Last edited by 2triky on Oct 1st, '05, 04:22, edited 1 time in total.

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Post by Hayashi_kun » Oct 1st, '05, 04:12

Thanx for al the info, as im also v interested in finding ways to live in Japan.
will be looking thru all the JET and other programs u guys recommended.
jusr thought that caucasians would be preferred over Singaporeans (asian) when it comes to teaching English.
Perhaps I can resort to teaching Chinese as well...
btw, do Japanese study american/british english? we use both in Singapore thou..

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Post by jholic » Oct 1st, '05, 11:31

Kinzaru wrote:Well, you cannot get a working visa without a degree.
interesting. last i heard, it was very difficult to get a working visa w/o a COLLEGE degree, but not impossible. things may have gotten stricter since.
Kinzaru wrote:Oh, one more option to try if all else fails. You can pay for a fake college degree and try to get a job with it. I'd be lying if I said I didn't know people living and working here now that had fake degrees. Again this is a big risk for obvious reasons.
ha, yes, i've heard of this too, but i'm glad Kinzaru does NOT recommend it. it's a huuge risk, and i wouldn't take the chance.

honestly, if you LOOK gaijin (blonde hair, blue eyes, etc). you've got a very good shot at working there (w/o a college degree). i'm being honest.

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Post by Agent007 » Oct 1st, '05, 14:09

lol No, I don't plan on comitting fraud or working illegally. I do have an Associate's degree if that helps at all. I just don't think I have the time/ money to go at least another 3 yrs for a BA. I was under the impression that you needed a Bachelors to apply for a work visa on your own, but not necessarily if you were sponsored by a company. Did I just read that wrong?

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Re: Bars, Clubs and restaurants.......

Post by TNF » Oct 1st, '05, 14:14

jholic wrote:
Keeper of hells gate2 wrote:some of my friends earned extra money outside of school by ....correcting papers.
um..does that mean professors are hiring students to grade papers for them? :blink

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Re: Bars, Clubs and restaurants.......

Post by 2triky » Oct 1st, '05, 14:52

tikleabubble wrote:
jholic wrote:
Keeper of hells gate2 wrote:some of my friends earned extra money outside of school by ....correcting papers.
um..does that mean professors are hiring students to grade papers for them? :blink
that's doesnt' seem like a big deal...any school with teacher's aids or graduate student instructors that lead discussions sections probably adhere to that protocol.

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Post by Kinzaru » Oct 1st, '05, 16:07

jholic wrote:interesting. last i heard, it was very difficult to get a working visa w/o a COLLEGE degree, but not impossible. things may have gotten stricter since.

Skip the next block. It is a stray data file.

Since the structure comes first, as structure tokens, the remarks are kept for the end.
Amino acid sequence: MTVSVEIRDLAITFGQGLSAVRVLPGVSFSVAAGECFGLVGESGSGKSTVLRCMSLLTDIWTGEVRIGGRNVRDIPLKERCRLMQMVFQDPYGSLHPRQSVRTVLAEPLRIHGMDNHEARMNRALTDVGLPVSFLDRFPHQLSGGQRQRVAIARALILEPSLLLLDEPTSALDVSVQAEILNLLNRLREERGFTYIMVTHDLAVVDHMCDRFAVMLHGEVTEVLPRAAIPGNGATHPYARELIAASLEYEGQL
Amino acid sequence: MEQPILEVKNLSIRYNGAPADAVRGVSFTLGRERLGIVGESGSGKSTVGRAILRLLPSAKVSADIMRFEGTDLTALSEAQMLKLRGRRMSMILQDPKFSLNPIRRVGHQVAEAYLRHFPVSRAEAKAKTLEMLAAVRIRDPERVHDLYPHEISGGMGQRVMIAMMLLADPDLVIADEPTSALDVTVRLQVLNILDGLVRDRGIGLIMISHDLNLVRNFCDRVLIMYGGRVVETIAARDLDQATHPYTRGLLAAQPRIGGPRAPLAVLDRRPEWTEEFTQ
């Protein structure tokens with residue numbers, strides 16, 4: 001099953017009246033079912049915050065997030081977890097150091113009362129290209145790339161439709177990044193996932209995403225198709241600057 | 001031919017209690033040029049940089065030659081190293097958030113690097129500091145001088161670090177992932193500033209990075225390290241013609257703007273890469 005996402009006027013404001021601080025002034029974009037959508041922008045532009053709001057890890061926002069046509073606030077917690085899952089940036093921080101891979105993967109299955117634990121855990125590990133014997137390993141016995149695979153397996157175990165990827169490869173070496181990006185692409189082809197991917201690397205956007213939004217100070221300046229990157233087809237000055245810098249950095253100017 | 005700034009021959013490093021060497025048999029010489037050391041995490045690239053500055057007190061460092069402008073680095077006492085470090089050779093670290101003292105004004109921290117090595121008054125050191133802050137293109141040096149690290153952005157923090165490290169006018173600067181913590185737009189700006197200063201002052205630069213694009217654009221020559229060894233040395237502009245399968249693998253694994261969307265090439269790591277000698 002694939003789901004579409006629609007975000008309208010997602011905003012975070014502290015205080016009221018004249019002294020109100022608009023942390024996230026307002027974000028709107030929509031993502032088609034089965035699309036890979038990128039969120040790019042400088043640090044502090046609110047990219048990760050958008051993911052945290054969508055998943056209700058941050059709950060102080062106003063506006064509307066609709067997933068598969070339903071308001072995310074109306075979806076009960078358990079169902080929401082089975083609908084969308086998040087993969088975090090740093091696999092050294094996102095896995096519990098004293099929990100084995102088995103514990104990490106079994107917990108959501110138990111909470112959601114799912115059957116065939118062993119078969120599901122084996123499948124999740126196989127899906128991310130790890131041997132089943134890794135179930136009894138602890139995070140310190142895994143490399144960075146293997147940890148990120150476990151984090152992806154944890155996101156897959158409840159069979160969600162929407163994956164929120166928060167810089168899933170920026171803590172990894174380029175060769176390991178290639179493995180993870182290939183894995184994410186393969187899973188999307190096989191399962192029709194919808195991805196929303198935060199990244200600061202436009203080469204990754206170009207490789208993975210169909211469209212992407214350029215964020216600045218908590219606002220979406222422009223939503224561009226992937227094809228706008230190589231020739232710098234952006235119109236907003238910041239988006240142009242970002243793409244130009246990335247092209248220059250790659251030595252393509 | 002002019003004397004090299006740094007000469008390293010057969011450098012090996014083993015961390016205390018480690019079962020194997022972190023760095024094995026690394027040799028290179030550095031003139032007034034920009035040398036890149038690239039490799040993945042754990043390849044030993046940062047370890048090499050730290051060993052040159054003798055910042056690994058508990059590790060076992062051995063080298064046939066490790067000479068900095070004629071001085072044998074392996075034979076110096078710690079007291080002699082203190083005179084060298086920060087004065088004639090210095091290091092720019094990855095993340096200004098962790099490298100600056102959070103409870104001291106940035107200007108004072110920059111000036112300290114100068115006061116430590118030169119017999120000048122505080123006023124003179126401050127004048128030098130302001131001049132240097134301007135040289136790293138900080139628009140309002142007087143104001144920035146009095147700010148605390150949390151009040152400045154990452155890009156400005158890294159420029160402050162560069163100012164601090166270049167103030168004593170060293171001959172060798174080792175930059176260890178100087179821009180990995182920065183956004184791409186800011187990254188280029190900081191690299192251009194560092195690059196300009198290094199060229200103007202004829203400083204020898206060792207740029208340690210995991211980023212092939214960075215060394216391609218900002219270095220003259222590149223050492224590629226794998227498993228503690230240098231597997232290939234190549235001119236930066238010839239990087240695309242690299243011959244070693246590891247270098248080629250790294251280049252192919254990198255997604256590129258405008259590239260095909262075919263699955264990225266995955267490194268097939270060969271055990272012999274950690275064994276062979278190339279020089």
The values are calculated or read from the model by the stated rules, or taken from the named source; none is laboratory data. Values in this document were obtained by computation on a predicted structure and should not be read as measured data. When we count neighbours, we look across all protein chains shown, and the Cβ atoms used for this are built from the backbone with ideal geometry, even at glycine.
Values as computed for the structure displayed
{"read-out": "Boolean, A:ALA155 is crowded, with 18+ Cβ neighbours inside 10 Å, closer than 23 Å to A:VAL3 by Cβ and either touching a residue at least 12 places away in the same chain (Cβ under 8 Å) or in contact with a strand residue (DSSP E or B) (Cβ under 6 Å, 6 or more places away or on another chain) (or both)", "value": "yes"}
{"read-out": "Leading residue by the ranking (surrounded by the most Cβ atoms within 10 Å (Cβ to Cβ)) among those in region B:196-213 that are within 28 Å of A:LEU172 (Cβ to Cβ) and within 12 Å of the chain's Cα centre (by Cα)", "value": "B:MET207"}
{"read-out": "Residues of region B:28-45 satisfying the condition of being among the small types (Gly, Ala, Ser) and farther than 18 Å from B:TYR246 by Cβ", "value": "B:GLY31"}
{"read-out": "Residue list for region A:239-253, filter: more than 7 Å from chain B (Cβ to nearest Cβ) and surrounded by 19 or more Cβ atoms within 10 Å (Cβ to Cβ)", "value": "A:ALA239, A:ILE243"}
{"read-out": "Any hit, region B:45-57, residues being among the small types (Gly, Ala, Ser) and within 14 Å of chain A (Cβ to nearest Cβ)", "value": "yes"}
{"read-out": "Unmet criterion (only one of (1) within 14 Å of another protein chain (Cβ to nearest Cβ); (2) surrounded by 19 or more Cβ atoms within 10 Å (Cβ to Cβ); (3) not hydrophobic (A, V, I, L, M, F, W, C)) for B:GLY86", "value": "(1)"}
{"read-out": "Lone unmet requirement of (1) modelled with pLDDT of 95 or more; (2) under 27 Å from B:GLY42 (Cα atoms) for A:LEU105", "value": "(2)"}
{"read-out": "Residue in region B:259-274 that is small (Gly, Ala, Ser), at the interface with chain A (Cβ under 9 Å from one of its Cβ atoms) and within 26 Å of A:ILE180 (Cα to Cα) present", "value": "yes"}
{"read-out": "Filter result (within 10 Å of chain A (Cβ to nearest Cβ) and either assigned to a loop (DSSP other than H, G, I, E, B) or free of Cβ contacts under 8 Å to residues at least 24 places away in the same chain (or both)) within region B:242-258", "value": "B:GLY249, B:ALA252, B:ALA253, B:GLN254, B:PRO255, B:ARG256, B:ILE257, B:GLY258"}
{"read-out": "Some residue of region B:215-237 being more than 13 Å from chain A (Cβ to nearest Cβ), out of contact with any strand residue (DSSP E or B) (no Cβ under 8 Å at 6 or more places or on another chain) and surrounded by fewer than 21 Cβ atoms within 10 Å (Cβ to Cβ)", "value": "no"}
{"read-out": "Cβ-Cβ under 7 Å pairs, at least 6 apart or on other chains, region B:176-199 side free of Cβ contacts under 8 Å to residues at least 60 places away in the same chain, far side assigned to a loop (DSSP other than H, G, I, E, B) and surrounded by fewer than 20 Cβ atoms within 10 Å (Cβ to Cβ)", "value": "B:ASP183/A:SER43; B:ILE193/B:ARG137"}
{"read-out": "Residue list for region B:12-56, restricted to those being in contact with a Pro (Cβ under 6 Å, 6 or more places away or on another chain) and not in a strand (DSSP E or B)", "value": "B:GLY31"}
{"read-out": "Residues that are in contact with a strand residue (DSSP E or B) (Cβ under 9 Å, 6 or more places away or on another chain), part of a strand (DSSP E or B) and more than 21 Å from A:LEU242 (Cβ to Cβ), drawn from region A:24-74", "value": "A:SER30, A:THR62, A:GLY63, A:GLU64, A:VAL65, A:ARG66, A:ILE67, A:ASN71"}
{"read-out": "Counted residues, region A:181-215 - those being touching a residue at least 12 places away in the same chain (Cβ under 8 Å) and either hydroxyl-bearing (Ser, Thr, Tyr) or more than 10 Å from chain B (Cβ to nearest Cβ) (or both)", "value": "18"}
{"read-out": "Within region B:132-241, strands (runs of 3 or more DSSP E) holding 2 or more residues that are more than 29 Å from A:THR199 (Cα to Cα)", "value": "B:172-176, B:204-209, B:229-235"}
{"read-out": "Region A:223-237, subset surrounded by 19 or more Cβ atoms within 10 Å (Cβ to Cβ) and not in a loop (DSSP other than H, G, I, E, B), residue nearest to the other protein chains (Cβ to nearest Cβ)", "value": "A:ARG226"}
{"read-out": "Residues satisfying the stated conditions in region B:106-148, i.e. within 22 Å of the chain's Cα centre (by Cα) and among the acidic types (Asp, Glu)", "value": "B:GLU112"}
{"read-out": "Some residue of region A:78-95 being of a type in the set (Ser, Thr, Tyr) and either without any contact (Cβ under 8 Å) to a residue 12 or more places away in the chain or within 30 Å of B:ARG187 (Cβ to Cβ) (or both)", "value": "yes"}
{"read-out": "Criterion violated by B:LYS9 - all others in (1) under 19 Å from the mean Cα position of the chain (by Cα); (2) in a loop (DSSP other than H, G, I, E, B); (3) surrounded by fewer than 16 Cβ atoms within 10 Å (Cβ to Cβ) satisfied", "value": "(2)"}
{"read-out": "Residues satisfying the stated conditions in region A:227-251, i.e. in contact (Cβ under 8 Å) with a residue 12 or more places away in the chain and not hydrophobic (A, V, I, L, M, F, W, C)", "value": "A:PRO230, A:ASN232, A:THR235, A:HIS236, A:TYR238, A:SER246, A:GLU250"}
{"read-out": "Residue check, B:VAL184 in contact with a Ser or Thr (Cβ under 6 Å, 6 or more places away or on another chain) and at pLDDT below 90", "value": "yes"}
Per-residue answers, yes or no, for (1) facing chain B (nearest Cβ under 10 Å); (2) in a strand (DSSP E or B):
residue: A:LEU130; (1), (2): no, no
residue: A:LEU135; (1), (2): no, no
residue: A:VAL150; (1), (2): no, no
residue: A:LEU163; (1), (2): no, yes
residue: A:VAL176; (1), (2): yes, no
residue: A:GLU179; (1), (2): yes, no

I am of course not an expert on any of this but I was under the impression that a college degree was basically a given if you were trying to get a working visa. I know without one you can forget about JET, major eikaiwa companies, most private ALT gigs, etc. This leaves you with basically only scraps left as far as English teaching positions go. Well regardless, we both agree that it is very difficult to get a proper visa without one.

Having that typical western-gaijin look is helpful but it doesn't seem to be money in the bank anymore. In my opinion the English teaching market isn't as open as it used to be and my guess would be that it's due to the rising popularity of Japanese culture with the Western audiences, thanks in large part to anime, manga, etc. :P There are a lot more people trying to get into Japan now. I have had some ex-JET buddies try to get jobs after their stint on the program and most went through a lot of interviews before getting accepted for a decent job (emphasis on decent, eikaiwa are always hiring). I guess it comes down to what you are willing to settle for. If you want to get over here no matter what the cost then I am sure you can find something. But not having a college degree is really going to hold you back and that won't change once you get here. Maybe you can get sponsored by a company without one, Agent007, but I would strongly advise doing some research into anyone offering you a position that allows for not having a basic college degree.
Hayashi_kun wrote:btw, do Japanese study american/british english? we use both in Singapore thou..
In my experience, American English is by far the most desired (much to the chagrin of a few Brit and Aussie friends of mine) but English teachers come from all over. It seems like the typical Western look is preferred but I have a few Asian friends who are English teachers. They are nationals of Western countries though. It doesn't really matter though as you may sometimes find your natural English being corrected in favor of the accepted Japanese take on it, heh.

As I said, I don't pretend to be an expert on any of this. These are just the opinions of a scraggly ol' gaijin who got lucky.

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Post by Jane2000 » Oct 1st, '05, 16:29

What about French teachers ? :D

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Re: Bars, Clubs and restaurants.......

Post by jholic » Oct 1st, '05, 20:01

tikleabubble wrote:
Keeper of hells gate2 wrote:some of my friends earned extra money outside of school by ....correcting papers.
um..does that mean professors are hiring students to grade papers for them? :blink
well, i've heard that many STUDENTS will pay to have their papers corrected before submitting them. that can earn you extra money.